July was the month when we finally finished planting our potatoes, better late than never! We were working flat out to get the gardens and house ready for our Summer event and the time flew by.
The Summer Fayre was set for early August and the weather was kind to us. Hundreds of you came along, determined to enjoy the relaxed summer atmosphere and everyone had a grand time.
Good music, good cakes and a chance for all ages, in fact, all generations to share our wonderful house. I watched as children young, old and really old, followed the geometric ceiling pattern we had cut in the grass at the back of the house, or picnicked on the same grass that we had been cutting regularly for weeks to try and coax into a lawn. It is so rewarding when you all come along to share this wonderful house and its gardens. If you enjoy yourselves, it makes it all worthwhile for us. Especially as we had just discovered that our potatoes had ‘blight’ – a disease that can ruin your crop in a matter of days.
Then all too soon the holidays were over, the schools went back, and it was September.
Time to get ahead before the autumn comes, we thought, but no, our plans had to change as a film crew appeared.
“Can you stop making it tidy please? Could you make it look like it is all overgrown and derelict? Please don’t cut the grass for the next 5 weeks….”Film Crew
They were 18 months too late – we‘ve spent the last year trying to make the place tidy and cared for!
Well, you can judge for yourselves – if you can, try and watch Channel 5 on Boxing Day evening, 9.00pm when you’ll see Bannockburn House starring in a ghost story. You may not recognise it because they did manage to make the front drive look overgrown and neglected and through the use of some fantastic props and decor, they completely transformed parts of the house.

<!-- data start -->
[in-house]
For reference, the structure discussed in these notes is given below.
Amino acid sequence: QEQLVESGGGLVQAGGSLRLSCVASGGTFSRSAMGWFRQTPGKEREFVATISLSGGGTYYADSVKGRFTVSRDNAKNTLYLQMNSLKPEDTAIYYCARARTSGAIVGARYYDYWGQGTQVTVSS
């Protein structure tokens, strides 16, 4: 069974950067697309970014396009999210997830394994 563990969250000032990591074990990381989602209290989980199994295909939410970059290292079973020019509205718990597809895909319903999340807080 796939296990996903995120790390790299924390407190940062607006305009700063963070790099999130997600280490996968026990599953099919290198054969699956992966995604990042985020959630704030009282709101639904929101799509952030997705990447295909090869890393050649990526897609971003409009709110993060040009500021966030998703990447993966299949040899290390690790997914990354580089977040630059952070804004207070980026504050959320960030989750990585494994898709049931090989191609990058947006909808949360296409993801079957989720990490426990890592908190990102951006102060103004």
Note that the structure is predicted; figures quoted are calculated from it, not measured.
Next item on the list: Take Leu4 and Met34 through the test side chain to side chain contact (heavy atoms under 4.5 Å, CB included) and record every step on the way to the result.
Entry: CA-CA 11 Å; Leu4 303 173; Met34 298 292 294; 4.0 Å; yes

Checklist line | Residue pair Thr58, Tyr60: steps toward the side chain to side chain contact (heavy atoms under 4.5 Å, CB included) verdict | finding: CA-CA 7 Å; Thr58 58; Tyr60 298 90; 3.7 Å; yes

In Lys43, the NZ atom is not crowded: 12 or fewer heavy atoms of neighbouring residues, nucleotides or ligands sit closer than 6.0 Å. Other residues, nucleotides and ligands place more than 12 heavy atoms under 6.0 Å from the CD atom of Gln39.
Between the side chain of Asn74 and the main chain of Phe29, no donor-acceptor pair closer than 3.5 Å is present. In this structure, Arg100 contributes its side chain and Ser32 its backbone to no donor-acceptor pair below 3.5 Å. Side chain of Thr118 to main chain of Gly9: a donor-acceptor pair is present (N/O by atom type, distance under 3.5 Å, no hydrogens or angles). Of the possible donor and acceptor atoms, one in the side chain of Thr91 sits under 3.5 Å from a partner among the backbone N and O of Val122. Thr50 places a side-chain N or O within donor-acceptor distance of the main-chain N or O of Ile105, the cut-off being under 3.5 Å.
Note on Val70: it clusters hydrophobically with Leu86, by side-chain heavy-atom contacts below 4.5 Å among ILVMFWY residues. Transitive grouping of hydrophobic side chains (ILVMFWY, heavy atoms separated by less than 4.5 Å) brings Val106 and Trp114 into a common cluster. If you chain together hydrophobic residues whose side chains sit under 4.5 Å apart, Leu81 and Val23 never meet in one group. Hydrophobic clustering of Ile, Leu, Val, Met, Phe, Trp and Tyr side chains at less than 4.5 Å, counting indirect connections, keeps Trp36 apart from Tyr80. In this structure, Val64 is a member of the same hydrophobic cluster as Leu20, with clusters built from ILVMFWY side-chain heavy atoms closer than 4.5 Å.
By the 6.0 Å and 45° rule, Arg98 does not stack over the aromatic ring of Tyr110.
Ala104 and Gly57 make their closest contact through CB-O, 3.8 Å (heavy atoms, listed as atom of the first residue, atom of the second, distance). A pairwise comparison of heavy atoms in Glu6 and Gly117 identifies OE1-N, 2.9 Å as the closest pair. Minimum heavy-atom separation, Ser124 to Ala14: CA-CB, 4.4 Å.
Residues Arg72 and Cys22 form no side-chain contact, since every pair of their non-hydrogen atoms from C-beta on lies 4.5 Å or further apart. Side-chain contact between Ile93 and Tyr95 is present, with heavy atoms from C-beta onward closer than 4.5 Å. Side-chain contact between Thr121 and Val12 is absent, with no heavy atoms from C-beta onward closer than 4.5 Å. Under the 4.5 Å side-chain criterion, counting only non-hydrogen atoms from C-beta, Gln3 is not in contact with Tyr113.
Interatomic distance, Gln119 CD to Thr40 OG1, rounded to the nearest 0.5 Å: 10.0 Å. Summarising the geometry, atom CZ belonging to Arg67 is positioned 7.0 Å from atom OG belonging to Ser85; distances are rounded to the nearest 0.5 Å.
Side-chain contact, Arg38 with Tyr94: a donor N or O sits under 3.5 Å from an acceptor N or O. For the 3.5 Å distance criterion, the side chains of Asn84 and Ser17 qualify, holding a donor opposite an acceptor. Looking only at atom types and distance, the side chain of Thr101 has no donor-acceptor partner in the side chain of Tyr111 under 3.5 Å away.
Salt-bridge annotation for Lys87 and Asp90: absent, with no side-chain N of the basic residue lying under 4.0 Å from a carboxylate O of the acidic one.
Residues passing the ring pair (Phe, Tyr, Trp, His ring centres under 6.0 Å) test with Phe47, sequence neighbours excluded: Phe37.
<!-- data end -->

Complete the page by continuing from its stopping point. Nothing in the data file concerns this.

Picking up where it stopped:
You can have fun trying to identify all the different locations, but I warn you, make sure your doors are locked, the lights are on and you are sitting comfortably because it might be quite scary!!! #TheSmallHand
Soon it was October and suddenly there were mushrooms everywhere. Fungi of various sizes and shapes, some alone, some in massive groups. It rained and we finally got time to create the new water supply to the house and gardens. It was muddy, wet and dirty work but the excavations for the new trenches threw up some interesting pieces of Victorian china, broken plates, bottles and jars – tantalising fragments with pale blue patterns, delicate green lines, beautifully painted roses – but, frustratingly, never enough to create even one complete dish.
The rain washed the days away until it was November. We raked leaves, tidied up after the film and moaned as the days grew shorter and colder. We did some metal detecting.
and discovered several old name tags from apple and pear trees that must have grown there in days gone by. There is no orchard mapped there from 1860 onwards so it’s highly likely that these name tags are over 160 years old and belong to a previous orchard – an exciting discovery indeed.
And finally, December, unbelievably the rain has recently stopped the wind has died down and I’ve just heard on the radio that we might have snow this week. The Christmas Fayre 2019 has been and gone, Santa has flown back to Lapland, the Reindeer are fattening up for the hard work ahead and all-around halls are being decked with holly.
A huge thank you to everyone who has helped out this year with the gardens – our amazing volunteers who turn up in all weathers and literally sing and laugh their way through rain, hail and snow and all those local businesses who have helped us as we begin the gradual restoration of this wonderful old place.
On December 17th we shall have been the owners of Bannockburn house for two years, but we can’t do this all on our own. We need you to come and help us – it really is fun.
Please, if you have a few hours to spare, think about joining us at the House, there is something for everyone here.
Why not make it your New Year’s Resolution? Contact us now on [email protected].